Emily had retreated a little further and drawn the long, curved knife from her belt - the twin of the one currently holding Darfle immobilised. As Swanage stepped in close again she leapt inside his guard and ran the blade across his chest. The armour sparked but held and Swanage slammed his mailed fist into her chest. Emily gasped and staggered back. Blood trickled from the corner of her mouth. Swanage advanced, swinging his sword in wide arcs, herding Emily back against a rock. Darfle felt Erin tense as Emily lost her footing on the loose ground and slipped backwards. She landed lightly and gracefully rolled to her feet, Swanage’s arching blow missing her by millimetres and struck the stone with a crash. But now he had the advantage and was on her, pushing her back against the rock as she flailed desperately with her knife. Swanage paused for a heartbeat, savouring his victory, then struck - the overhead blow falling like an avalanche on the small girl, aiming to split her head in two. Emily raised her hand even as she ducked and spoke a few words rapidly. There was a bright flash of blue sparks as Swanage’s sword encountered an invisible shield. He leaned in, trying to push through the barrier, his face contorted with the effort and with anger. Emily pushed upwards, straining to keep the barrier in place. Locked together, they stood for a long moment before Emily suddenly rolled out the way and lashed out with her knife. A lucky blow caught Swanage on his sword arm and he stepped back reflexively.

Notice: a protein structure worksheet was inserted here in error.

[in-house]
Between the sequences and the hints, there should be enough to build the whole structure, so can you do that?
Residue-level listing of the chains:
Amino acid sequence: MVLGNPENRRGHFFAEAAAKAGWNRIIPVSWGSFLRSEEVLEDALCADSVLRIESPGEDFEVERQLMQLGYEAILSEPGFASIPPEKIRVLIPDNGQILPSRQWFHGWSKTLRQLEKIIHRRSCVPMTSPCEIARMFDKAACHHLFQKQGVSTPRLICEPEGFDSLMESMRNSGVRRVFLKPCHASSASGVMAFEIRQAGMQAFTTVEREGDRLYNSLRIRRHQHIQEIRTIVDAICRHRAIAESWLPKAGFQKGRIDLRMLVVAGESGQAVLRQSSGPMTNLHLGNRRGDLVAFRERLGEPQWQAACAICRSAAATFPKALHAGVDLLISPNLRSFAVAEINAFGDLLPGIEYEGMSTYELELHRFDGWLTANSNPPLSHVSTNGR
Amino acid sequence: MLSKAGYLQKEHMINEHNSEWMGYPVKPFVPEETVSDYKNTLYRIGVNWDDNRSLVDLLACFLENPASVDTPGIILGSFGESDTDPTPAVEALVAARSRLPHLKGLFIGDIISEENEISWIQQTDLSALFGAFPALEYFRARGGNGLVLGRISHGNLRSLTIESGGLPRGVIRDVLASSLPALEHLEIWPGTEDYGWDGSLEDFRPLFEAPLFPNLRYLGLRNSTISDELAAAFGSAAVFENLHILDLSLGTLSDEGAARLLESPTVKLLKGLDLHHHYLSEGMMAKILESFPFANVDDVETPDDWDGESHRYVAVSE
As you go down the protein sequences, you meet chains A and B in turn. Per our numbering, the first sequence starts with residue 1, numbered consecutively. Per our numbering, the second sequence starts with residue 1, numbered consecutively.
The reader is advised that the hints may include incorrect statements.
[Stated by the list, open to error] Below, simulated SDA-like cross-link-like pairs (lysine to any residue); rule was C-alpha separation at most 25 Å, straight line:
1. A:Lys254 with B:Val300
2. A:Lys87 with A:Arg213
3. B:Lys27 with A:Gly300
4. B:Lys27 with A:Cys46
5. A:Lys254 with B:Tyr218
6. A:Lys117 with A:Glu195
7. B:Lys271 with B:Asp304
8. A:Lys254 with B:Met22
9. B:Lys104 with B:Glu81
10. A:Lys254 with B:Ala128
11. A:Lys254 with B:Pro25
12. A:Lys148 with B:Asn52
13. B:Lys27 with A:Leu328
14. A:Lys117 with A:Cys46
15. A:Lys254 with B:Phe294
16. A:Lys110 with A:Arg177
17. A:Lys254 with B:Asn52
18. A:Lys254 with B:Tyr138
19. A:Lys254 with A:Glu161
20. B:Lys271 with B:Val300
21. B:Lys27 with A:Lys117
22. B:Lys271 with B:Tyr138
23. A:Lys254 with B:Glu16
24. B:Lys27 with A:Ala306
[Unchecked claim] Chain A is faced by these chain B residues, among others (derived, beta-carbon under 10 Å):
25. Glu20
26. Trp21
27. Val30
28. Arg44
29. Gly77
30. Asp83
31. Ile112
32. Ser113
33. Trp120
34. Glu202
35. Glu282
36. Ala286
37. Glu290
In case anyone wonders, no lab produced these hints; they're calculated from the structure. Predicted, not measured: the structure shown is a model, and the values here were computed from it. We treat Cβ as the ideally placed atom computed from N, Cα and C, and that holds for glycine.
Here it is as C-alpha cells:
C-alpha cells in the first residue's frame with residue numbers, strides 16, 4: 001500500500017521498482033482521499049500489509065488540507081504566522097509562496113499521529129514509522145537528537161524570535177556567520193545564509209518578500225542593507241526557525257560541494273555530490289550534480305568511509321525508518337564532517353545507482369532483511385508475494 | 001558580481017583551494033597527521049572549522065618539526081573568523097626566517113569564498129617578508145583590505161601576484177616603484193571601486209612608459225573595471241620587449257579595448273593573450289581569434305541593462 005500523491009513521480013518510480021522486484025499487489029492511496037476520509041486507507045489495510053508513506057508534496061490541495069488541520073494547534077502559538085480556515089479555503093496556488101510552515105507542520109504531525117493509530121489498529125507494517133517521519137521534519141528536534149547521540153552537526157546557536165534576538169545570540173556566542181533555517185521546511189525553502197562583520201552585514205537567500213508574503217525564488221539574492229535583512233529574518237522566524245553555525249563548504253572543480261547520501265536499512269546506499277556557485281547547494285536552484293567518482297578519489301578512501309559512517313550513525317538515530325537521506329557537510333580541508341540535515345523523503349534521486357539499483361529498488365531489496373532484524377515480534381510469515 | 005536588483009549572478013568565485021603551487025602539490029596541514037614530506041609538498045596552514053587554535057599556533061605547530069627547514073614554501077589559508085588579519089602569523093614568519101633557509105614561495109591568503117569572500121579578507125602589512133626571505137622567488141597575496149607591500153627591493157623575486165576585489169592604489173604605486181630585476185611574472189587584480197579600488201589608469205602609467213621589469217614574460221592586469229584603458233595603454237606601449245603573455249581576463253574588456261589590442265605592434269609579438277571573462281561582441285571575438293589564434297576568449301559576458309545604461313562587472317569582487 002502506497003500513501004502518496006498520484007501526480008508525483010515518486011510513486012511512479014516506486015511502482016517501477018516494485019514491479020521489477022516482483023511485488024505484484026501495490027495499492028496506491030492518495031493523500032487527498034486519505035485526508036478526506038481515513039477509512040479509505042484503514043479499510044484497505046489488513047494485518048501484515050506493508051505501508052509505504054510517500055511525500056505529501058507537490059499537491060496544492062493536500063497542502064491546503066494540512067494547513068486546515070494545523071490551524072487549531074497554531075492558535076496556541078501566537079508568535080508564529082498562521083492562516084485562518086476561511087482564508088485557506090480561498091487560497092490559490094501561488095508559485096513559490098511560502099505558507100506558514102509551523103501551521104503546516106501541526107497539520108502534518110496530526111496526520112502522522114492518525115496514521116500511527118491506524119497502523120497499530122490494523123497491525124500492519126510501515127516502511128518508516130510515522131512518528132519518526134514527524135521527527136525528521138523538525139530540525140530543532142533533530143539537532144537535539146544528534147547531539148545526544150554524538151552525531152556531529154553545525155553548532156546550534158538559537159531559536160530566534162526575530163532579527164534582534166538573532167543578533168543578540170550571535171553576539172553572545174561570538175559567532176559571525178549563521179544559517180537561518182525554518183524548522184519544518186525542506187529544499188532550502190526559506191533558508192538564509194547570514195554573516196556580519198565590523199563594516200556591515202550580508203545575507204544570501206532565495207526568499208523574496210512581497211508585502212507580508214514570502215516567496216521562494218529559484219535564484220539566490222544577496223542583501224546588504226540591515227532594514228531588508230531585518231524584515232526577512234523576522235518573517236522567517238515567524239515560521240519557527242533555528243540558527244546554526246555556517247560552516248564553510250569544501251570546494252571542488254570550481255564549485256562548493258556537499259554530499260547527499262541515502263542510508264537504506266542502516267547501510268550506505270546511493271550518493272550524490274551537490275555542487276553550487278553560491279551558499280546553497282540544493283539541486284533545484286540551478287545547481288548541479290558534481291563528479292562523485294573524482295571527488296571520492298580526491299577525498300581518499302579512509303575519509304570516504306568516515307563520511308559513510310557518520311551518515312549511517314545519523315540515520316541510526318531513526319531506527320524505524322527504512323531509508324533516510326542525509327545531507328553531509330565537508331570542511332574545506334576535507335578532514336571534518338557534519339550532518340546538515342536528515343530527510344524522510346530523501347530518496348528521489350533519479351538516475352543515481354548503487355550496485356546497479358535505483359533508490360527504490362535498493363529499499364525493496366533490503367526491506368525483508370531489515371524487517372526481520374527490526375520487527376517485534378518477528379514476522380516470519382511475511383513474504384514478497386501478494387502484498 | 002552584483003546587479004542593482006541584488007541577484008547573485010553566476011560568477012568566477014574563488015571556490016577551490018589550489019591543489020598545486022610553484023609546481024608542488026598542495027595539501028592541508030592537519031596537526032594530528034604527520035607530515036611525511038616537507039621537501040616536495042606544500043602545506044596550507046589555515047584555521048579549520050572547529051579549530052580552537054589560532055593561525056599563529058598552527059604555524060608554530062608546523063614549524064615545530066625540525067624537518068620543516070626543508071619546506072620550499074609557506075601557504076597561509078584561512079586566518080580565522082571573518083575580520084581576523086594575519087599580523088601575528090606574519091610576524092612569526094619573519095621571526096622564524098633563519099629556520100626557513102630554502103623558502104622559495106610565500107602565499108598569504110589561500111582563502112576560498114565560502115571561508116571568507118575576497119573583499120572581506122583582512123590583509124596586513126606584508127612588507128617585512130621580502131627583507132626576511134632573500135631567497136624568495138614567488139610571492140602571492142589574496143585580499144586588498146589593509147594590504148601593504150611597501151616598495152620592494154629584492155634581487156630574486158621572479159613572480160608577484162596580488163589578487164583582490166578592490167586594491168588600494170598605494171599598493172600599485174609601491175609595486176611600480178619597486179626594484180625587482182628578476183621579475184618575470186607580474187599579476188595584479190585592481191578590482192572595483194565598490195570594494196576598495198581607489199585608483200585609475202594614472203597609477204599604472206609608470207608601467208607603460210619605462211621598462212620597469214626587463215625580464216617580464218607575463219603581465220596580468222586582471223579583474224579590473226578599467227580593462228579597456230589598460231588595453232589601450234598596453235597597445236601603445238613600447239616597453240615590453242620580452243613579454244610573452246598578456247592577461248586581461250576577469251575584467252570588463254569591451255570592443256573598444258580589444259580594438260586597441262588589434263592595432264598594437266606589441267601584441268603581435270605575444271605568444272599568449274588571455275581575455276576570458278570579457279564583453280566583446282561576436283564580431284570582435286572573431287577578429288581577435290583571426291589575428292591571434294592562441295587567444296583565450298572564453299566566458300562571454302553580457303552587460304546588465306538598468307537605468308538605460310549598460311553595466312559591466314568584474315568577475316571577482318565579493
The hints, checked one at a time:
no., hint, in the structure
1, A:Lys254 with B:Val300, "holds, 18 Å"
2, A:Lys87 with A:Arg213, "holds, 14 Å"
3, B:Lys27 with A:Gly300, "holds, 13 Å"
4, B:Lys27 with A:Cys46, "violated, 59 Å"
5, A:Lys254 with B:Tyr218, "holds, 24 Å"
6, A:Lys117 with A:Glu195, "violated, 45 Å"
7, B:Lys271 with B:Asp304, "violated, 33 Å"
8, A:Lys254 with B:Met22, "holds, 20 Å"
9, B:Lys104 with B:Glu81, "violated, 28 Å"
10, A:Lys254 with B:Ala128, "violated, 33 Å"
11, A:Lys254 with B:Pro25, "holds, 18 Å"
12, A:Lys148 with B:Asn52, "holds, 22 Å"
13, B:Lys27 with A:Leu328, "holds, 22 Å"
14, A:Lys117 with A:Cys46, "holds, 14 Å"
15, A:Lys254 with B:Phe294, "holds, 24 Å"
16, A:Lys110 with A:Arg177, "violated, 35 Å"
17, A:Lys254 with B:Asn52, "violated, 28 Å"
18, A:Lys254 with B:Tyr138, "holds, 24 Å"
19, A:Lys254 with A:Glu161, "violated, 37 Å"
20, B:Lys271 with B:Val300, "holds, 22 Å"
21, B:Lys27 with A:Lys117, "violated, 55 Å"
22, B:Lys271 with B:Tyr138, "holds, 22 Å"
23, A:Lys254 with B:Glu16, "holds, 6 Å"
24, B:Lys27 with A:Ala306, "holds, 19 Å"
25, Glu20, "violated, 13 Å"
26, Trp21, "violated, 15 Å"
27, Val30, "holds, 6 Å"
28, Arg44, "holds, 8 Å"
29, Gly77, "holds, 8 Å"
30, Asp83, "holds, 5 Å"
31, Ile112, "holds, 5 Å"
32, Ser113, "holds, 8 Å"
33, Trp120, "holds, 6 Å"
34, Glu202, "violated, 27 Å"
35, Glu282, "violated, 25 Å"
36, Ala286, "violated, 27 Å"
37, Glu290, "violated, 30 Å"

The small space was the lifeline Emily needed. She made a rapid, intricate gesture and spoke an unrecognisable word. The light in the little hollow dropped slightly; sucked to a point of darkness in Emily’s empty hand. Fast as a cobra striking she leapt forward, pushed Swanage’s sword blade aside with her knife, and slammed her hand hard into his chest. Again the armour rang like a gong, but this time Swanage staggered backwards gasping for breath. To Darfle’s astonishment he suddenly looked very old and tired. Emily leapt towards him - Swanage’s defensive blow was slower than before and she slipped past it with the grace of a dancer, running the knife across the tops of his legs, opening the leather padding. Blood streamed out and Swanage staggered backwards again before hurling himself bodily forwards, sword flashing, aiming to bear her to the ground by his greater weight. He crashed into Emily and they fell into a heap - Emily’s empty hand grasping at his sword arm, keeping it outside of the scrum. They rolled across the floor for a moment before Swanage gave a sudden gasp, jerked wildly for a moment, then became very still. Behind him, Darfle felt Erin shift again and took his chance - driving his elbow into her chest he drove the air from her body. He grabbed his pack and fled into the night.